Schimke Trio update

Pianist Peter Schimke was one of the steadfast musicians who elevated the level of play at St. Paul's old Artists' Quarter. Among his many ensemble configurations was the Peter Schimke Trio with AQ owners Kenny Horst and Billy Peterson. This week the trio returns with a younger but equally formidable and flexible rhythm section in bassist Chris Bates and drummer Cory Healey. (9 p.m. Thu., Reverie, Mpls.; donations accepted,

Brothers of invention

Collaborations are all the rage in the cross-currents between hip-hop, electronica, modern jazz and new-classical chamber music. One of the more ingenious yet seamless partnerships arises from dexterous jazz-rock quintet Kneebody and electronica sound-scaper Daedelus (aka Alfred Darlington), collectively known as Kneedelus. Moods range from ambient relaxation to gnarly but smooth fusion jazz, playing as if a crazy-talented ghost is tweaking the drumbeats and horn bleats. (8 p.m. Fri., Cedar Cultural Center, Mpls.; $28,

Winter Jazz Fest

Three acts on the Shifting Paradigm label dominate the lineup for the fourth annual Winter Jazz Fest at Studio Z. A headliner of sorts is Tall Tales, an ensemble helmed by Dean Granros twinning guitars with Zacc Harris (who runs Shifting Paradigm) as Chris Bates and Jay Epstein work the rhythm section. The Adam Meckler Quintet features the ace trumpeter/composer with his smaller group. And a pair of inventive duos bookend the itinerary, including the drums-sax interplay of Drobka/Weller and the sublime textural sleuthing of star percussionists Dave King and JT Bates, billed as Real Bulls. (5 p.m. Sat., Studio Z, St. Paul; $10-$16,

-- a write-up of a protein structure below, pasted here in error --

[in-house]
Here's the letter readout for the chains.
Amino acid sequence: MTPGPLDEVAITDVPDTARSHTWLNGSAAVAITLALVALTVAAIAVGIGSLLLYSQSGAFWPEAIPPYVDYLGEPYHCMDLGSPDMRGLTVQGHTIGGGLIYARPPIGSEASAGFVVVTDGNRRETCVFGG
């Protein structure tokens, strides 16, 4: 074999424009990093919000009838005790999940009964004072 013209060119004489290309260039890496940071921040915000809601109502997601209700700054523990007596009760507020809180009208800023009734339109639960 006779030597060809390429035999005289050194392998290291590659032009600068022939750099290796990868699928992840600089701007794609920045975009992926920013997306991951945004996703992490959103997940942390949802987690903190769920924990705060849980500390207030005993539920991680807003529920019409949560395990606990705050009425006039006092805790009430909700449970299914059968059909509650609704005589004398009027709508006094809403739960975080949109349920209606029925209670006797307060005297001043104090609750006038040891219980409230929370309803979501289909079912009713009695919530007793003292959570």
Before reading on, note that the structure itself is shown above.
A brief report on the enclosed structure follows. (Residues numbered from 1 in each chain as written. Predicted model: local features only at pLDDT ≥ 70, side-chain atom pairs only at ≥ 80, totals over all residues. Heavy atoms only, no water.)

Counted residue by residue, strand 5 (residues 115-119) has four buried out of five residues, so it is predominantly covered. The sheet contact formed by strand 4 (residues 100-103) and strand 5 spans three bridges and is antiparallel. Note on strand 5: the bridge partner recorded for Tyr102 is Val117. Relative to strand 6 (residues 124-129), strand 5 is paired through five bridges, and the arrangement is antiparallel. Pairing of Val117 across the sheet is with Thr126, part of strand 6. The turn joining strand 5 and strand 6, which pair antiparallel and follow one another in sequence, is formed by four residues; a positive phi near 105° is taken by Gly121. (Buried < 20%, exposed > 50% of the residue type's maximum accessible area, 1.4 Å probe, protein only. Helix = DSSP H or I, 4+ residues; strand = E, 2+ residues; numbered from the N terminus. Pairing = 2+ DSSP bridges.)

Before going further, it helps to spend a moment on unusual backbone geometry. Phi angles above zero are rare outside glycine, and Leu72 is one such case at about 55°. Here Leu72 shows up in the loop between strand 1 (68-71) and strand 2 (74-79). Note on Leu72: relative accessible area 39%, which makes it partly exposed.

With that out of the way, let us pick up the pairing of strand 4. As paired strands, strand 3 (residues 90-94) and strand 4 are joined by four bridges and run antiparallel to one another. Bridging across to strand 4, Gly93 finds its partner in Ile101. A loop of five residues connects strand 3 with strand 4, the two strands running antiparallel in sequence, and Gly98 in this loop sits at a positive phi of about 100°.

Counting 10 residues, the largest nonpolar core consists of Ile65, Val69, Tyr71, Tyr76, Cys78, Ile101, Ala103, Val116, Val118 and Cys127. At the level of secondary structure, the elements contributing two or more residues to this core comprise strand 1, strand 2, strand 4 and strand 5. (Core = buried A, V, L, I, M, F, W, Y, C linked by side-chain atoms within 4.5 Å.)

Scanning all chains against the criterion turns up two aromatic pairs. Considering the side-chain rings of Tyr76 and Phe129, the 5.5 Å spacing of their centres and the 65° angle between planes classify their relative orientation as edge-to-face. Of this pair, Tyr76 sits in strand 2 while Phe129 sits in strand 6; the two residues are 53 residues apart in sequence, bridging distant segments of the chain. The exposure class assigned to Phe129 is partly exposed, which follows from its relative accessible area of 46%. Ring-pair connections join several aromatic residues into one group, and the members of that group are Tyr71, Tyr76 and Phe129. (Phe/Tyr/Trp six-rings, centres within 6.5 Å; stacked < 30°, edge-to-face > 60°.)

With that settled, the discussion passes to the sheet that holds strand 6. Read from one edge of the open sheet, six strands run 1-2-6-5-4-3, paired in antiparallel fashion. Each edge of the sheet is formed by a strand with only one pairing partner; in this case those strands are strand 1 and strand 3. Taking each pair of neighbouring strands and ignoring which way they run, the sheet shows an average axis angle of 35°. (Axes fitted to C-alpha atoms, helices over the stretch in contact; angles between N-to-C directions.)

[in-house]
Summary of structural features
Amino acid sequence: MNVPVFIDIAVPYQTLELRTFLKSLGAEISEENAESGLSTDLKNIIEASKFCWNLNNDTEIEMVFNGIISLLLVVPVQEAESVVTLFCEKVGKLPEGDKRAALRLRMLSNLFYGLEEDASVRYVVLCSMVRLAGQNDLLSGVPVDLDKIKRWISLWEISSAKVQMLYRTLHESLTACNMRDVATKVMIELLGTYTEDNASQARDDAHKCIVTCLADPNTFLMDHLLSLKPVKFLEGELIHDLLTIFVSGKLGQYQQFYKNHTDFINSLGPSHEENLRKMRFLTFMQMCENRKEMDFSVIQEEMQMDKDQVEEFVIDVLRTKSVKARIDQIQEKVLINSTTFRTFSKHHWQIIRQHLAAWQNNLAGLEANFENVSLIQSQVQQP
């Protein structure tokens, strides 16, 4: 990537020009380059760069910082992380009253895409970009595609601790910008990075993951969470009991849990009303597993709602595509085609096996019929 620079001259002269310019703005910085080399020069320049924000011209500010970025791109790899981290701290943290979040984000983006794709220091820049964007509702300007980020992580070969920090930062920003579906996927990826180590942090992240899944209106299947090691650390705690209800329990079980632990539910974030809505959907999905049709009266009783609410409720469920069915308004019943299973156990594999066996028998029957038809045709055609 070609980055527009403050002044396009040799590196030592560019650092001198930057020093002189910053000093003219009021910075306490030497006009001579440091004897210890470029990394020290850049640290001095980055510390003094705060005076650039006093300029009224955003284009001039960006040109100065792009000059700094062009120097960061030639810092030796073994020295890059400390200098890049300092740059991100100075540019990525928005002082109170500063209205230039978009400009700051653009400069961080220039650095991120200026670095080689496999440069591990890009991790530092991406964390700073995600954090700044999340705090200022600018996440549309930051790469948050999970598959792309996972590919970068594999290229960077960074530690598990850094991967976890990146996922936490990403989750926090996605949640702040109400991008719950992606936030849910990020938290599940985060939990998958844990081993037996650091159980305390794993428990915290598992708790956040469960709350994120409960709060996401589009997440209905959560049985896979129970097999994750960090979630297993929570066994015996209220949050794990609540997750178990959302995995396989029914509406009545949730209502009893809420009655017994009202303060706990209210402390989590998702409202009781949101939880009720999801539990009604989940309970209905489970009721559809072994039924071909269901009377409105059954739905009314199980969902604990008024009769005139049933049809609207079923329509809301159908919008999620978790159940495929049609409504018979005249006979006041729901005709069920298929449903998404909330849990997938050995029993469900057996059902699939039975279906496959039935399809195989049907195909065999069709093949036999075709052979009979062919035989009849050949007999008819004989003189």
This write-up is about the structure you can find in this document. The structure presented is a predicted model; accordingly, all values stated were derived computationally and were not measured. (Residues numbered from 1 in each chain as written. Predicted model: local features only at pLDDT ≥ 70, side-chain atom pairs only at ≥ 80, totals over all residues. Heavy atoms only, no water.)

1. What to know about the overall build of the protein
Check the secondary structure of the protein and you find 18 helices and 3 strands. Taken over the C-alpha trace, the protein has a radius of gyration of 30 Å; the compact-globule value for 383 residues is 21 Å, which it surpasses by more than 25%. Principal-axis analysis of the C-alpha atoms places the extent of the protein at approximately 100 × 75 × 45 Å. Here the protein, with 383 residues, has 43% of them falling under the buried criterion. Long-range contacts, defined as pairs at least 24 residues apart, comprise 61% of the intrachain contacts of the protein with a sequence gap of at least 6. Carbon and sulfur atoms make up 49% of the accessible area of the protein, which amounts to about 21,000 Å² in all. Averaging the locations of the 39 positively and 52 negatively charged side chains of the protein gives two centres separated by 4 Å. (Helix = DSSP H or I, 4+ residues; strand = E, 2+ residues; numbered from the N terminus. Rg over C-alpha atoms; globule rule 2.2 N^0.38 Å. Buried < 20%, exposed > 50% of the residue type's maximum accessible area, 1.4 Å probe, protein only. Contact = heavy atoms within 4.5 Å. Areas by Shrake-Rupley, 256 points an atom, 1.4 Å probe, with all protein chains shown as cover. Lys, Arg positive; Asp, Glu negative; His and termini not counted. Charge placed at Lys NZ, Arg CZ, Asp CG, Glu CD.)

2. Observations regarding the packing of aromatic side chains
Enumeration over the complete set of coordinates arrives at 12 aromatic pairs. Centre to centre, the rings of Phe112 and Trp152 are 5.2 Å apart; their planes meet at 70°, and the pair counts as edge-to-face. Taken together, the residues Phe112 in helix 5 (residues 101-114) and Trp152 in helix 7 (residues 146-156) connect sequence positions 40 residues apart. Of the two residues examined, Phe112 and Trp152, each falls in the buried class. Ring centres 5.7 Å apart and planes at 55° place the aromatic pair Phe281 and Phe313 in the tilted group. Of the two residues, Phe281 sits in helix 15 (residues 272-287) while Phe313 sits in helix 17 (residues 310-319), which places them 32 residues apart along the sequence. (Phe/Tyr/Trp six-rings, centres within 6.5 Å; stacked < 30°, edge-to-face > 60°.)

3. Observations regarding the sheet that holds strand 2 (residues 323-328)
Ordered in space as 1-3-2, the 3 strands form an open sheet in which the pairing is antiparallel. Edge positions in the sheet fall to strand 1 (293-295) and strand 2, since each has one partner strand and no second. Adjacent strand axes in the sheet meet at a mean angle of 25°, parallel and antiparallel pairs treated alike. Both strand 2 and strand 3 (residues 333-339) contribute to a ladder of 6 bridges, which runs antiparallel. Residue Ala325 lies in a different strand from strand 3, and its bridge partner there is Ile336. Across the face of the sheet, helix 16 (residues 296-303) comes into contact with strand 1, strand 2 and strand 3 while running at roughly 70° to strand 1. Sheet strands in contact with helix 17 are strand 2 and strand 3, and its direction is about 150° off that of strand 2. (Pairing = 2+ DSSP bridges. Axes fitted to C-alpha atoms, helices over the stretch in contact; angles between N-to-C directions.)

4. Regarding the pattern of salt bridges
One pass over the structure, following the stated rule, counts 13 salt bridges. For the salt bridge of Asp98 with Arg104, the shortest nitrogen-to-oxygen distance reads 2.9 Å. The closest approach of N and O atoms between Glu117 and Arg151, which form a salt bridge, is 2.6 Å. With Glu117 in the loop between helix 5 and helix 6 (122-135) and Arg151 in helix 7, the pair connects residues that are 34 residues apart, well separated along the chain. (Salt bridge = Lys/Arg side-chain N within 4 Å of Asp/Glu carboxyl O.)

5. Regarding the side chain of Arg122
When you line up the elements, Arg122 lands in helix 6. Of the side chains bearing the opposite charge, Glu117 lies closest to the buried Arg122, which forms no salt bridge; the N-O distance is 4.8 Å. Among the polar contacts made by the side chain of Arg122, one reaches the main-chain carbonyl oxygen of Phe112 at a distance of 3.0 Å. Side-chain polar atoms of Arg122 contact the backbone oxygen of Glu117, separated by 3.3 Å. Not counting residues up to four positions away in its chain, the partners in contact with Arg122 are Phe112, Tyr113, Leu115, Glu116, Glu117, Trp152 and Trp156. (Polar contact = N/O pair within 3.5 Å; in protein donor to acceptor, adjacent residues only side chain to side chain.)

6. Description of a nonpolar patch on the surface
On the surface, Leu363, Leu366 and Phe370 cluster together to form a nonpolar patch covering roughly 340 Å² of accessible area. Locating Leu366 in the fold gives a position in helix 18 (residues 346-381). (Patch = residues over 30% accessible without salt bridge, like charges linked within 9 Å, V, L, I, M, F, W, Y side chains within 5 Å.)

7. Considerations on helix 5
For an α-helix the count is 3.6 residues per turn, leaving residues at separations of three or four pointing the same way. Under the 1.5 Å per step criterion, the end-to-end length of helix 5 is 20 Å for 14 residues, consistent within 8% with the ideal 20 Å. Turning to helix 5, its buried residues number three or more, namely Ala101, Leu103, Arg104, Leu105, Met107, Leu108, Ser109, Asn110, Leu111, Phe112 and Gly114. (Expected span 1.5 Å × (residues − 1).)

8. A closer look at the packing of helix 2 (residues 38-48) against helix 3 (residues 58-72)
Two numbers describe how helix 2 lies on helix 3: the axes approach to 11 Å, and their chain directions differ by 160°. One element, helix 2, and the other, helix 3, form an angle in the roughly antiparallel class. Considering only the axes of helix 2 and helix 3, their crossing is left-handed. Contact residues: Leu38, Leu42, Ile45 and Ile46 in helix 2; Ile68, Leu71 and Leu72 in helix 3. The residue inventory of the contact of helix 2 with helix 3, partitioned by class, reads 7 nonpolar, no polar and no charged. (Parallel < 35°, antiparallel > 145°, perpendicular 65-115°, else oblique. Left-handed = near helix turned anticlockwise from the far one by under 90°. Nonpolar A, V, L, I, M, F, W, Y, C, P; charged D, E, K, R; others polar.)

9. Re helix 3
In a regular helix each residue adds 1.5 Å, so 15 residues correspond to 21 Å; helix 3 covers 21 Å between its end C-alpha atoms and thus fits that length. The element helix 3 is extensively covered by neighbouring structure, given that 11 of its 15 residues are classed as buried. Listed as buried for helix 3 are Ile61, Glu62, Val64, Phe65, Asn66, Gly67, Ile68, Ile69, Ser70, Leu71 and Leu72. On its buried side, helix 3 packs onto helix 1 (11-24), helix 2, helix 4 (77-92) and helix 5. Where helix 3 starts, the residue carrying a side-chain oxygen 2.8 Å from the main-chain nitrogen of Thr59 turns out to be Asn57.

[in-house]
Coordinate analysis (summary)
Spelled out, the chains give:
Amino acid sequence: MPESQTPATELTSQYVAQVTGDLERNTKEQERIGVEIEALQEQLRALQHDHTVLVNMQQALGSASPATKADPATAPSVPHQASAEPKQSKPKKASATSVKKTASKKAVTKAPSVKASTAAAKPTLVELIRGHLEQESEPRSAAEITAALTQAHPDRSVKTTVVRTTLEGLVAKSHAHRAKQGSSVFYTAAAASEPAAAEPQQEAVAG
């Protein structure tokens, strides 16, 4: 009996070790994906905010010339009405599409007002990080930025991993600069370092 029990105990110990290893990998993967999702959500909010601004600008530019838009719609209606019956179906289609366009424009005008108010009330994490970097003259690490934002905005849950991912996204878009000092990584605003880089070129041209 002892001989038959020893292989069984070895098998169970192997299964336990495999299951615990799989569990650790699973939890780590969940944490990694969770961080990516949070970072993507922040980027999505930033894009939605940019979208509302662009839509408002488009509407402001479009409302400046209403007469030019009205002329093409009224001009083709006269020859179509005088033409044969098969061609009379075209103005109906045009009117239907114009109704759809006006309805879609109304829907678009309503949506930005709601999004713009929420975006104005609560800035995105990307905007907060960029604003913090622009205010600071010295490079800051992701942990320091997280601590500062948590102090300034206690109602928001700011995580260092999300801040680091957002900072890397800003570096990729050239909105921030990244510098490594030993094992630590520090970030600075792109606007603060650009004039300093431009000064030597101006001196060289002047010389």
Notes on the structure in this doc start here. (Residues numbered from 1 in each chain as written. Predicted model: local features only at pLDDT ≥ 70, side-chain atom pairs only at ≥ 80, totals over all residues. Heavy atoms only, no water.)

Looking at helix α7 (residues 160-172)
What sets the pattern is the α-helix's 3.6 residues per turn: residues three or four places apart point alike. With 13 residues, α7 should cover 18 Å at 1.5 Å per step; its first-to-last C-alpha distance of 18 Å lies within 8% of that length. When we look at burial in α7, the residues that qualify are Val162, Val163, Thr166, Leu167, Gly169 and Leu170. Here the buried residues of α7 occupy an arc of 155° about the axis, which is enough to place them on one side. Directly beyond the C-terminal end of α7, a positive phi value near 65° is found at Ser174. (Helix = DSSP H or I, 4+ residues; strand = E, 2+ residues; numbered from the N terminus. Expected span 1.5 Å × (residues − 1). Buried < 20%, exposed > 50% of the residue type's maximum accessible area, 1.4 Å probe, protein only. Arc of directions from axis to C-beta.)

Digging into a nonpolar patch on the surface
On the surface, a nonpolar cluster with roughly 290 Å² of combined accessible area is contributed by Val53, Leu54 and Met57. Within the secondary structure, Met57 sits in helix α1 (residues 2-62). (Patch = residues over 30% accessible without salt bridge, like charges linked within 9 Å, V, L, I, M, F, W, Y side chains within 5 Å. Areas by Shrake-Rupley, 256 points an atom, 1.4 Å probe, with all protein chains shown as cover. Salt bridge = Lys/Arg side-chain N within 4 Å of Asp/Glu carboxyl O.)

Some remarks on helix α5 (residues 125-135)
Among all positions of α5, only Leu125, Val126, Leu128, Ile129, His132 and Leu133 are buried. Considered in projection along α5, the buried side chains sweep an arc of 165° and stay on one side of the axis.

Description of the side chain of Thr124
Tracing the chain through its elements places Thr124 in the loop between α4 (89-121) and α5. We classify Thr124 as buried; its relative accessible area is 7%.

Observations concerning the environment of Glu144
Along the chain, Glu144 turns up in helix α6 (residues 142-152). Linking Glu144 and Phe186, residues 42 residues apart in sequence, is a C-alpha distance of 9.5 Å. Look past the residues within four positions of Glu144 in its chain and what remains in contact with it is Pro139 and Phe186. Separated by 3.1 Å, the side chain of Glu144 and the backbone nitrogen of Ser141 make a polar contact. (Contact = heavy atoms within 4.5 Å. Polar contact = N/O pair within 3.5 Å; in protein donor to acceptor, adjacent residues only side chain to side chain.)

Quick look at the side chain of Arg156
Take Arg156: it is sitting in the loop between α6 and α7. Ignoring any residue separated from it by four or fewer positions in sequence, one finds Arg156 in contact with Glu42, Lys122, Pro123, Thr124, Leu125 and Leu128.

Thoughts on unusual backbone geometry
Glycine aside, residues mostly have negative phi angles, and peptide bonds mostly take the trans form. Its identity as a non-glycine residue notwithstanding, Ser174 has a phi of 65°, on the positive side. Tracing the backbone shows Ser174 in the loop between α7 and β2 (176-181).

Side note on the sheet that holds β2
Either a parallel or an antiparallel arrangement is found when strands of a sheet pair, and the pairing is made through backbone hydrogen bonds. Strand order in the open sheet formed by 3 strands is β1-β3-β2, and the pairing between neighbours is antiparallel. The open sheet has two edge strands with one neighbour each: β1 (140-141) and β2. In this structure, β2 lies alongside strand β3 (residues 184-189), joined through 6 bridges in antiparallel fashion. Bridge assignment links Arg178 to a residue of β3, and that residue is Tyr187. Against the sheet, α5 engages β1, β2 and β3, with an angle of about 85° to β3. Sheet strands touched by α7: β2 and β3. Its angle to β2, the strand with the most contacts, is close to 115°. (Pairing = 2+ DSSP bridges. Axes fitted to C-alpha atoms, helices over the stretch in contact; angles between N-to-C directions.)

A saxophonist for any occasion

Saxophonist David Sanborn is one of those rare artists who can please all of the people at least some of the time. Sanborn's alto has a gilded tone that blends with his affinity for melody to create seductively catchy fare anchored by blues, funk and jazz improvisation. He has impeccable taste — he's recorded with David Bowie, Stevie Wonder and Todd Rundgren, plus he hosted the hippest TV music show ever, "Night Music," in the late '80s. He can deliver "smooth jazz," but is known to recruit the likes of Bill Frisell and Jack Dejohnette to plumb deeper. (7 and 9 p.m. Mon.-Tue., Dakota, Mpls.; $40-$70,

Britt Robson